The White Mountains is a place of many stories. For hundreds of years, the mountains have drawn people to its immense peaks and peaceful valleys. Along the way, the region’s history has taken on mythic qualities, with tragic demises, forgotten towns, and haunted hotels shrouding those spookier of tales.
These are the tales told over campfires on starless nights, and during chilly chairlift rides on icy mornings. Some whisper them and pass them down through the generations. Others speak boisterously, proud to know their local, legendary lore.
Here is a short collection of some of the haunted stories and historic spots of the White Mountains, NH. We hope you will be frightfully entertained!
A HIDDEN WHITE MOUNTAINS GHOST TOWN (White Mountain National Forest)
In the late 19th and early 20th centuries, the White Mountains was known for its prolific logging industry. Along with that industry came small logging towns complete with everything from sawmills and schools to town halls and homesteads. Livermore, located approximately 16 miles northwest of North Conway, NH, was one such town.
Livermore was established in 1876 in the shadows of beautiful Crawford Notch and was named after Samuel Livermore (a NH senator and relation of the two Boston lawyers who founded the Livermore logging operation). At its height of prosperity, Livermore claimed between 160 to 200 lumberjacks and their family members within its boundaries.
Over the years, Livermore went the way of many logging towns in the White Mountains. The onslaught of deforestation and damaging floods and fires, as well as the closure of the town’s mills in 1928 and several other misfortunes in the intervening years, resulted in a town forgotten by the 1950s.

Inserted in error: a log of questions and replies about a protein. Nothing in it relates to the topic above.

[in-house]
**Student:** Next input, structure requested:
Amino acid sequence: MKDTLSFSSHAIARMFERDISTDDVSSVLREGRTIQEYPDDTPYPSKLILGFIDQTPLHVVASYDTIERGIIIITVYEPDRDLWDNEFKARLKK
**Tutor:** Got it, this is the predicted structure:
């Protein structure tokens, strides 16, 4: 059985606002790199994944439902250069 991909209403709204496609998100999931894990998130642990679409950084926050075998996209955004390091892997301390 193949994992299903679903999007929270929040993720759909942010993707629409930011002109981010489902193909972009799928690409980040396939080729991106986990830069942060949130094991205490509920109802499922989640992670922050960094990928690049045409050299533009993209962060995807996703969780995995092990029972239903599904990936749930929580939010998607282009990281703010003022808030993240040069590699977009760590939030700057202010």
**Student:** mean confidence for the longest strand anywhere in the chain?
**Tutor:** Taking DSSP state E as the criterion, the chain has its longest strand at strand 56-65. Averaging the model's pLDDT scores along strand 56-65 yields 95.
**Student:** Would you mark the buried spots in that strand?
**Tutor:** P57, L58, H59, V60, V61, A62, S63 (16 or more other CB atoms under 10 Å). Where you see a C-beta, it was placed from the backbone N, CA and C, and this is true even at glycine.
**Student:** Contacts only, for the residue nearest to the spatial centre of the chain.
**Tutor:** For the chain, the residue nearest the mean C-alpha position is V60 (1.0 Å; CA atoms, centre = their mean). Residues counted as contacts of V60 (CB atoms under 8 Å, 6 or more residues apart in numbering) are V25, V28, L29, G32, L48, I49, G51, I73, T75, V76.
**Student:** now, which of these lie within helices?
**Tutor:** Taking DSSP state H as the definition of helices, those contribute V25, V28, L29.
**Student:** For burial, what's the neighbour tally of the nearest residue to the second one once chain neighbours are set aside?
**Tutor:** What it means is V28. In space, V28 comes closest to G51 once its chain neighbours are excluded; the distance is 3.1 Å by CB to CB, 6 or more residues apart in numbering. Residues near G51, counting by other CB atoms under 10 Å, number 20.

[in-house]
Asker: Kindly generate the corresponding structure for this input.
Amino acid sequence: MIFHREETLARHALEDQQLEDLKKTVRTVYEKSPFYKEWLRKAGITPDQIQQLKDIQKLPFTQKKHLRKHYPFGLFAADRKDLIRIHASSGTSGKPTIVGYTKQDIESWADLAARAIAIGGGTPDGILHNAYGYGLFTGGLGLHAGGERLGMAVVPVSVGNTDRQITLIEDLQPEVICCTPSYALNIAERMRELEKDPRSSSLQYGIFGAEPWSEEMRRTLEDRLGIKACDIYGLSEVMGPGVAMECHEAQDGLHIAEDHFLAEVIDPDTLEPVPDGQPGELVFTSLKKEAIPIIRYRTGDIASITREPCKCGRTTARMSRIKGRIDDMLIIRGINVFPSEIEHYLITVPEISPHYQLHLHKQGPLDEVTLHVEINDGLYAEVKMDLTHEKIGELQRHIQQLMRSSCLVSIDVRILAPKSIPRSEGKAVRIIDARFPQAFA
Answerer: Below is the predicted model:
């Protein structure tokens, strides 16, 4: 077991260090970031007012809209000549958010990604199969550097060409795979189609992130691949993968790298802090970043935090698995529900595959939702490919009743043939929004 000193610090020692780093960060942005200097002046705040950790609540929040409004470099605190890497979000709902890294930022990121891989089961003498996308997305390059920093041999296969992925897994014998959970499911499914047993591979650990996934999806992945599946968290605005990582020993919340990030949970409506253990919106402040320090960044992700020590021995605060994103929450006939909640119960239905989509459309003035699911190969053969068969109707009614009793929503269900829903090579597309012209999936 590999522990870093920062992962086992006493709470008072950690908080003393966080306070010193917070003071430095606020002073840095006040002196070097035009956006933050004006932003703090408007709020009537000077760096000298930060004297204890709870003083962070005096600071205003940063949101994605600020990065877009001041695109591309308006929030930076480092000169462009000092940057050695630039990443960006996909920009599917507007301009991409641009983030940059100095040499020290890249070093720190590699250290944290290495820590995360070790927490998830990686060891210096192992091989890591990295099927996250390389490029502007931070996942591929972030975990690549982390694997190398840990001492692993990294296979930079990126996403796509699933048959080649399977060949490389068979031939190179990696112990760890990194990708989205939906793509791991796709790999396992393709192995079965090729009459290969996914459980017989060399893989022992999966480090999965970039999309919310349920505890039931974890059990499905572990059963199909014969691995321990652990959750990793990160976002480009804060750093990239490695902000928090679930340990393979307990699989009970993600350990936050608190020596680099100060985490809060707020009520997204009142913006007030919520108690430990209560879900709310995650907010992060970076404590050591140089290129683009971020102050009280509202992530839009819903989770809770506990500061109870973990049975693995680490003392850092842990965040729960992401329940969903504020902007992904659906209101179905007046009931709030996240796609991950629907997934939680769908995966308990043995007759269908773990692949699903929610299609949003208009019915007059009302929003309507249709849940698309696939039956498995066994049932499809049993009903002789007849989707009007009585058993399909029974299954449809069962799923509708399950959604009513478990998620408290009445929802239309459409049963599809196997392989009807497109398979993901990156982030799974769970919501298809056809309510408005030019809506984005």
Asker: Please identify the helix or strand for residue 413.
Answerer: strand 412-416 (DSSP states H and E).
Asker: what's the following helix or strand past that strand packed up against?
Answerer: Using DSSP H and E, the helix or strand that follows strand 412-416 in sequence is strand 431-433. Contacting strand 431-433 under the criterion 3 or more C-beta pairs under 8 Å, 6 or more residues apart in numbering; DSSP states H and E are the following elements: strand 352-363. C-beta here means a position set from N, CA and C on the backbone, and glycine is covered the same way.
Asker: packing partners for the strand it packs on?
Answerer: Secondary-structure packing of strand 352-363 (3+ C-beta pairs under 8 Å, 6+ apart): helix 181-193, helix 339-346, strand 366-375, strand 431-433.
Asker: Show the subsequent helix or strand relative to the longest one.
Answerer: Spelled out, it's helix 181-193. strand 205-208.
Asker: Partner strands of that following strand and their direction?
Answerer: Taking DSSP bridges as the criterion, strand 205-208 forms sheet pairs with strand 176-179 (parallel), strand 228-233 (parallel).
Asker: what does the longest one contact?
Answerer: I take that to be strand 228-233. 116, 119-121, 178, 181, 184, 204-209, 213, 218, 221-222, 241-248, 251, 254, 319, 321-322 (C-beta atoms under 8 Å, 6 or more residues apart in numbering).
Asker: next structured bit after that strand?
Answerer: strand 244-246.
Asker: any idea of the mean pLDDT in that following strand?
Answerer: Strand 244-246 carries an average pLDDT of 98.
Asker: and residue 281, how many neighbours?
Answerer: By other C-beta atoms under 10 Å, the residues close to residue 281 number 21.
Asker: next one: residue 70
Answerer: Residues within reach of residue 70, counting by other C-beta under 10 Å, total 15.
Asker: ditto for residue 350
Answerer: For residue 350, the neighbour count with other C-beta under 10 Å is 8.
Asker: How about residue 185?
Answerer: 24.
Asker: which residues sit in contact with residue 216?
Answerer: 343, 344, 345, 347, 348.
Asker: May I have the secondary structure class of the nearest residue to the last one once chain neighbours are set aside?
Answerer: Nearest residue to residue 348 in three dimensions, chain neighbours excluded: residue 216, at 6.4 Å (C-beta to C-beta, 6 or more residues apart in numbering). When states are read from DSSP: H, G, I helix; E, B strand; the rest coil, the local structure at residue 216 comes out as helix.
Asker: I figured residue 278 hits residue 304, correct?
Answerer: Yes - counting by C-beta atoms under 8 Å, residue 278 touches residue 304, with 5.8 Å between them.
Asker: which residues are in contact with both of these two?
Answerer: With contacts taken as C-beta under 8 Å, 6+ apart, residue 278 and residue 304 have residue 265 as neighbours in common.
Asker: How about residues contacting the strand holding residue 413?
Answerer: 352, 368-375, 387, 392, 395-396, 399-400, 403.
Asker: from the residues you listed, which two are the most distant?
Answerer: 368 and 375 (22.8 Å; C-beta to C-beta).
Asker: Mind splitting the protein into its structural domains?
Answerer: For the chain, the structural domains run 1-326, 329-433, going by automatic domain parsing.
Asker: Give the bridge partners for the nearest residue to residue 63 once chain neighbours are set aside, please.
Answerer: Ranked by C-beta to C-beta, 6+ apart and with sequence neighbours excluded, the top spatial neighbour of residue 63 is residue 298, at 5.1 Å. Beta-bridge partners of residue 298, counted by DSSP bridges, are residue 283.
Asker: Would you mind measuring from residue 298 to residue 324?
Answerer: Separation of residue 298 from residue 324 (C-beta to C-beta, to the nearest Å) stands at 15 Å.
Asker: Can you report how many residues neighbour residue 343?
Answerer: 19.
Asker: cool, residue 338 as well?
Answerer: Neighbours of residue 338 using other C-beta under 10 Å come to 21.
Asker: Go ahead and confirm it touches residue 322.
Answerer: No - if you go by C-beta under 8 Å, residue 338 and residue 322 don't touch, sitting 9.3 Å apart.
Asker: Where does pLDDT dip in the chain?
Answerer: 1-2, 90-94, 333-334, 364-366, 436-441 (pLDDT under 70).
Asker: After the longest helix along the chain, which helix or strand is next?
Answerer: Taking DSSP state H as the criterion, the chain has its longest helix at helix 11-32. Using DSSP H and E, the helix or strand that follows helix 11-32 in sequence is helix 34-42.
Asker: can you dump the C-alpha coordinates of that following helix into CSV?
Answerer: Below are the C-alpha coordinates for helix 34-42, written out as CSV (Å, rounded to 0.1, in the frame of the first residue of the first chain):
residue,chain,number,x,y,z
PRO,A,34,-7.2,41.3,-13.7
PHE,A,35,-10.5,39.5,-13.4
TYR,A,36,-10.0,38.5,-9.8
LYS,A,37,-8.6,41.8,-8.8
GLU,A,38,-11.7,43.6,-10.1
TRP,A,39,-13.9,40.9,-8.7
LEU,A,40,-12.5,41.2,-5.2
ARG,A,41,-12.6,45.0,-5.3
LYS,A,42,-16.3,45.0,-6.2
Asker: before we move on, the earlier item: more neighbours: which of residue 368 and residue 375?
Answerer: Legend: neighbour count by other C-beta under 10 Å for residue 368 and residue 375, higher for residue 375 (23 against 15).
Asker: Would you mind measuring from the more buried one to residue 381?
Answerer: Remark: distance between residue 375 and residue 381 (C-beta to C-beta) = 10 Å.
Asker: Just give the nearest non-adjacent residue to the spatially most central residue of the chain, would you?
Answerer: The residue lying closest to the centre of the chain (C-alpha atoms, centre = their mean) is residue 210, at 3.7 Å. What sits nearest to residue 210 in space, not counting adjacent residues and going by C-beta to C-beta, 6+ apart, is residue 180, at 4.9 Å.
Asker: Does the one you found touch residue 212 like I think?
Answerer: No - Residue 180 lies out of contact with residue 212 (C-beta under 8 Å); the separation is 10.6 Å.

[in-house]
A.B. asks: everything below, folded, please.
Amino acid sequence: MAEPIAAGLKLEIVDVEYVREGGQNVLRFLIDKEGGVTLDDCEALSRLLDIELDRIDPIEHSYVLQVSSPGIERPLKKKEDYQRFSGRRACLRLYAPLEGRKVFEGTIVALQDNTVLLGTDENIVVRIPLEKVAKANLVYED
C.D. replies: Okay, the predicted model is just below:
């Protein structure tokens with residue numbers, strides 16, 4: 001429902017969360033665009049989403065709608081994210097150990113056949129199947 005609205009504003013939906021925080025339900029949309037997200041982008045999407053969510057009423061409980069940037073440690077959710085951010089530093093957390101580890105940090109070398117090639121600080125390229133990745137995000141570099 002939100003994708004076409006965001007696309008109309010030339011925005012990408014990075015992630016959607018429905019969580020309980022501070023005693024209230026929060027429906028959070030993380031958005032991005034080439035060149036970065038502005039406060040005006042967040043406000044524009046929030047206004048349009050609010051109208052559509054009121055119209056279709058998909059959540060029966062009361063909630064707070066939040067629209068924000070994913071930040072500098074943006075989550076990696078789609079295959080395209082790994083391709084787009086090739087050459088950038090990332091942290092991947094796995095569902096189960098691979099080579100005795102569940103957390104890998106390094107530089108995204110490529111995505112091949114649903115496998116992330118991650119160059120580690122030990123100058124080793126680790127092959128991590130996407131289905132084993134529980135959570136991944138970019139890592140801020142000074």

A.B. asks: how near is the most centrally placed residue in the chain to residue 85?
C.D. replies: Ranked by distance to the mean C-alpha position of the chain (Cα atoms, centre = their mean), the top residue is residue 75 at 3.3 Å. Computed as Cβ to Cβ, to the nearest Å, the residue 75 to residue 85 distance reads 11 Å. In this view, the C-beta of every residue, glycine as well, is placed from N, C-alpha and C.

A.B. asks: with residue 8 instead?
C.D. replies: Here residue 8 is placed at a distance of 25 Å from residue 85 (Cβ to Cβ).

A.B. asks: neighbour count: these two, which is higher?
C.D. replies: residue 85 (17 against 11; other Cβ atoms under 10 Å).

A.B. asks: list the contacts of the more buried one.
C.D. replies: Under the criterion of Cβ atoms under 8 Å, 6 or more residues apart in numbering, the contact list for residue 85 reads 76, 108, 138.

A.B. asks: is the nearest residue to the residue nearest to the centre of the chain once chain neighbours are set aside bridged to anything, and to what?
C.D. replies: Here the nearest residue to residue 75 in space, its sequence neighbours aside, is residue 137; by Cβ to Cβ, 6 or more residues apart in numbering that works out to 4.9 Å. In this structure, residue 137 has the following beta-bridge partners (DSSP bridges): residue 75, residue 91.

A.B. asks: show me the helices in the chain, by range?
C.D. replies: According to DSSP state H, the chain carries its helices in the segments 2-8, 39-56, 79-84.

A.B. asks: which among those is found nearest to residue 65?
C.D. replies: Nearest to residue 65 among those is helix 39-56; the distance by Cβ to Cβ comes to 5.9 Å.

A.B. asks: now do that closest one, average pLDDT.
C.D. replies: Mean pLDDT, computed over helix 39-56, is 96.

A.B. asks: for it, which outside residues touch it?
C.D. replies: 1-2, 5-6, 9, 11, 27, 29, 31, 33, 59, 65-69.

Today, the population of Livermore has dwindled to an occasional 2 people (per the 2020 census). Visitors wishing to stumble across this ghost town should head west on Route 302 from North Conway into the White Mountain National Forest. Turn onto Sawyer River Road, then look for signs for the Sawyer River Trail. It’s 1.5 miles of moderate walking along an old, dirt road through the woods (one way), but hikers will be well rewarded.
Tucked in between trees and under fallen leaves are the remains of a town once thriving with prosperity. Look for stones poking through the underbrush, skeletal foundations, and brick edifices. Will your town one day go ghost as well? It’s a spooky thought indeed.
Visitors to Livermore can choose to park their car at the lot at the start of Sawyer River Road on Route 302, or if the gate is open, you may opt to drive in a ways. Driving conditions vary and may not be for the faint of heart. We recommend parking at the beginning just to be safe!
NANCY BROOK & THE TRAGIC TALE OF NANCY BARTON (Crawford Notch, NH)
Imagine Crawford Notch late in the fall of 1788. The promise of snow-frosted nights whispers alongside the wind that whips through mountain passes….